Never satisfied with that answer, after earning three related college degrees, like no one else I know or ever heard of, I spent more than the next fifty years searching scientifically for right spots at right times and not just during hunting seasons. I was fortunate back in the 1960s to stumble on the best new way ever to discover unknown facts about habits and behavior of wild whitetails (including the largest of bucks): sitting at regular intervals year around during the next twenty years in primitive tree stands, beginning long before anyone ever heard of tree stands and long before whitetails learned to identify and avoid hunters in tree stands. In 1980 I began to share everything I had learned with other deer hunters. I’m still at it, During all those years of field research, I developed six great new ways to hunt mature bucks. Using these methods, my three sons and I have taken 98 mature bucks since 1990, many now on walls in our homes. That’s nearly one mature buck per hunter per year. Do you know anyone who has done as well? All were taken on public land in wolf country where there has never been more than 6–11 deer per square-mile while fewer than one deer was taken per 10 square miles in surrounding areas.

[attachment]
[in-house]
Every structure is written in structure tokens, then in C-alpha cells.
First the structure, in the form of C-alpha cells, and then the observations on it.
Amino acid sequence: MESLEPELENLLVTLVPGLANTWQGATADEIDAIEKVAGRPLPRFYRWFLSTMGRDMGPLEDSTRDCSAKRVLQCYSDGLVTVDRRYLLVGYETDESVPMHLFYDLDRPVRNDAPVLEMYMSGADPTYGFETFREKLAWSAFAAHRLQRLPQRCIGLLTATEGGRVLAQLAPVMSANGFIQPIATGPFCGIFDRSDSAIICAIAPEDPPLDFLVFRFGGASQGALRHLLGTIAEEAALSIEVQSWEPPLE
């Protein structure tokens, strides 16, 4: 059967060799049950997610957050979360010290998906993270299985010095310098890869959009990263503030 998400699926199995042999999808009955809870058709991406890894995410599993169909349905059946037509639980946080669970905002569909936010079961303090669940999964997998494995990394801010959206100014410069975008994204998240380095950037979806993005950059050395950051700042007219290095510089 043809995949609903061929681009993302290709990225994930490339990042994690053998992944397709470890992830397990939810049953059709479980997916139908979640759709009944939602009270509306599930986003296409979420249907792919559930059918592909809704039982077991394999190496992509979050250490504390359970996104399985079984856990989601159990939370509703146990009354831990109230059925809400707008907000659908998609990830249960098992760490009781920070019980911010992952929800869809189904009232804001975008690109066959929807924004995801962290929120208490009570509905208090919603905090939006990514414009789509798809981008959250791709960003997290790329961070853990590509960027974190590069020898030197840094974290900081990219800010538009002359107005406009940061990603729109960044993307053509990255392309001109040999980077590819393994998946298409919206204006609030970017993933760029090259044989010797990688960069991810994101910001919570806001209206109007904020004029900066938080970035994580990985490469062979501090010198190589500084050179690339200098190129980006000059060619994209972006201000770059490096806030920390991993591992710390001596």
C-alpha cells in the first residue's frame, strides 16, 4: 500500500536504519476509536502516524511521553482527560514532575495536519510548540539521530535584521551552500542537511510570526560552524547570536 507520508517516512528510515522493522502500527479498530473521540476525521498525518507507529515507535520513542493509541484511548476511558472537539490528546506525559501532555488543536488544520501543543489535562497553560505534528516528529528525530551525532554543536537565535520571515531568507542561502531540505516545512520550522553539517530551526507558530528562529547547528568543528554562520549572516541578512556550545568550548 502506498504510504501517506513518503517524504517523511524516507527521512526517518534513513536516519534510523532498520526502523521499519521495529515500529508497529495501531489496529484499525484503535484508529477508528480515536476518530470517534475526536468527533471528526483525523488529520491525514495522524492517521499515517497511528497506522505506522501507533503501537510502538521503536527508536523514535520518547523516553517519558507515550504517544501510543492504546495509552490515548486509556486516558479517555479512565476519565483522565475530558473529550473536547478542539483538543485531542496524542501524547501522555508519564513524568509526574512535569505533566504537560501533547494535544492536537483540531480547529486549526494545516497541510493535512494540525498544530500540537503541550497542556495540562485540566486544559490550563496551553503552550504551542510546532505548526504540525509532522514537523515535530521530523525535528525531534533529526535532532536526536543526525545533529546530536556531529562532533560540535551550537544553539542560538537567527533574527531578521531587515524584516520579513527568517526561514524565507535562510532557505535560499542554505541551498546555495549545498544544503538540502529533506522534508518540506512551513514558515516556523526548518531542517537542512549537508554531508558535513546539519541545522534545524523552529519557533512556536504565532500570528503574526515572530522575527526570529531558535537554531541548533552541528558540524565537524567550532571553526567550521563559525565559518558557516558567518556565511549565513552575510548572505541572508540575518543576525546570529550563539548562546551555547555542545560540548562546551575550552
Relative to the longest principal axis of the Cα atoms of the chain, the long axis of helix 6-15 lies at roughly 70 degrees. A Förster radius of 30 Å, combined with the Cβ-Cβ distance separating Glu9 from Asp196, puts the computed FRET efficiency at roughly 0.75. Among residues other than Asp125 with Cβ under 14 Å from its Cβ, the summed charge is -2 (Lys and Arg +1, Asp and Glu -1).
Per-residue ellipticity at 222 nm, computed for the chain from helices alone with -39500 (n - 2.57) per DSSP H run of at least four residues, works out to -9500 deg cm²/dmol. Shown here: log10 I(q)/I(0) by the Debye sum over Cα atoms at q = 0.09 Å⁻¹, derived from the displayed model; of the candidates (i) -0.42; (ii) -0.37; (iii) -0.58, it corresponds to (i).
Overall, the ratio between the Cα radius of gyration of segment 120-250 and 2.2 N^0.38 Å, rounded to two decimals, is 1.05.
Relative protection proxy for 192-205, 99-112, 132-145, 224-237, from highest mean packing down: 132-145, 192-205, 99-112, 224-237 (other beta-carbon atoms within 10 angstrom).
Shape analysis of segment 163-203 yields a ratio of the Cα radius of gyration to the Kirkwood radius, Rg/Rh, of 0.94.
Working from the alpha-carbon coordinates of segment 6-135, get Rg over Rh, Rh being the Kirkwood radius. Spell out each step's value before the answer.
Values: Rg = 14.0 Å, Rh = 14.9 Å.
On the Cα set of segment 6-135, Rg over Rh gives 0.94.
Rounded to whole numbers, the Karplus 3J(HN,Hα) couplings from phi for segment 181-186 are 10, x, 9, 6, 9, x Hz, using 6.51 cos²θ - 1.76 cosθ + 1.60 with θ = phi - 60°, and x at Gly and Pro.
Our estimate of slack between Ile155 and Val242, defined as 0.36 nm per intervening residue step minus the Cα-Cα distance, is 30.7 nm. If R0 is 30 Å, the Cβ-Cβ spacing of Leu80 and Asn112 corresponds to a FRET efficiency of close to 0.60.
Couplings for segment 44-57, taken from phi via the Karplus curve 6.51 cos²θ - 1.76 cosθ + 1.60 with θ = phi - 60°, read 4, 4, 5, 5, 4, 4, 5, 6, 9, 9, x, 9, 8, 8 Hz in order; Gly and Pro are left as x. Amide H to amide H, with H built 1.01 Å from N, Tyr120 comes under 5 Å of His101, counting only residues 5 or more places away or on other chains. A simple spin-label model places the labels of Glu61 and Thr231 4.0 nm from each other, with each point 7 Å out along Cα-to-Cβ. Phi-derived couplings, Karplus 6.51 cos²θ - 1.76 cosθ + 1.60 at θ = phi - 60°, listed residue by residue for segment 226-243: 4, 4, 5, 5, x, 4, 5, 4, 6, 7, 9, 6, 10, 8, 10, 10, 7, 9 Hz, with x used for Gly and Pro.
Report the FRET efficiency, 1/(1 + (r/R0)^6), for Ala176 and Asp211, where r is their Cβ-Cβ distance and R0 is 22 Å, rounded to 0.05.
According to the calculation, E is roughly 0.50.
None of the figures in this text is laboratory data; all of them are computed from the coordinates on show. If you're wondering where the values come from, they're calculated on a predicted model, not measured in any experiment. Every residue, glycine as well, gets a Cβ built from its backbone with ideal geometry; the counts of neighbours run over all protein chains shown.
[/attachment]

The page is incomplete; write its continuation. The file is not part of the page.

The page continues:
My sons and I have known many hunters who refused to believe our great buck hunting success was made possible by better hunting methods. “The Nordbergs have all the bucks,” many began saying back in 1980 (meaning, they believed all the big bucks in the area lived were we hunted). Soon they were saying, “We have as much right to hunt there as they do” and began making drives right behind our deer camp and using our permanent tree stands as well, In 1990 we therefore began searching for a new hunting area. Years later, one of those hunters stopped at my booth at a sports show and said, “We figured out why you Nordberg’s left your hunting area. You shot all the bucks. We haven’t seen one there since you left.”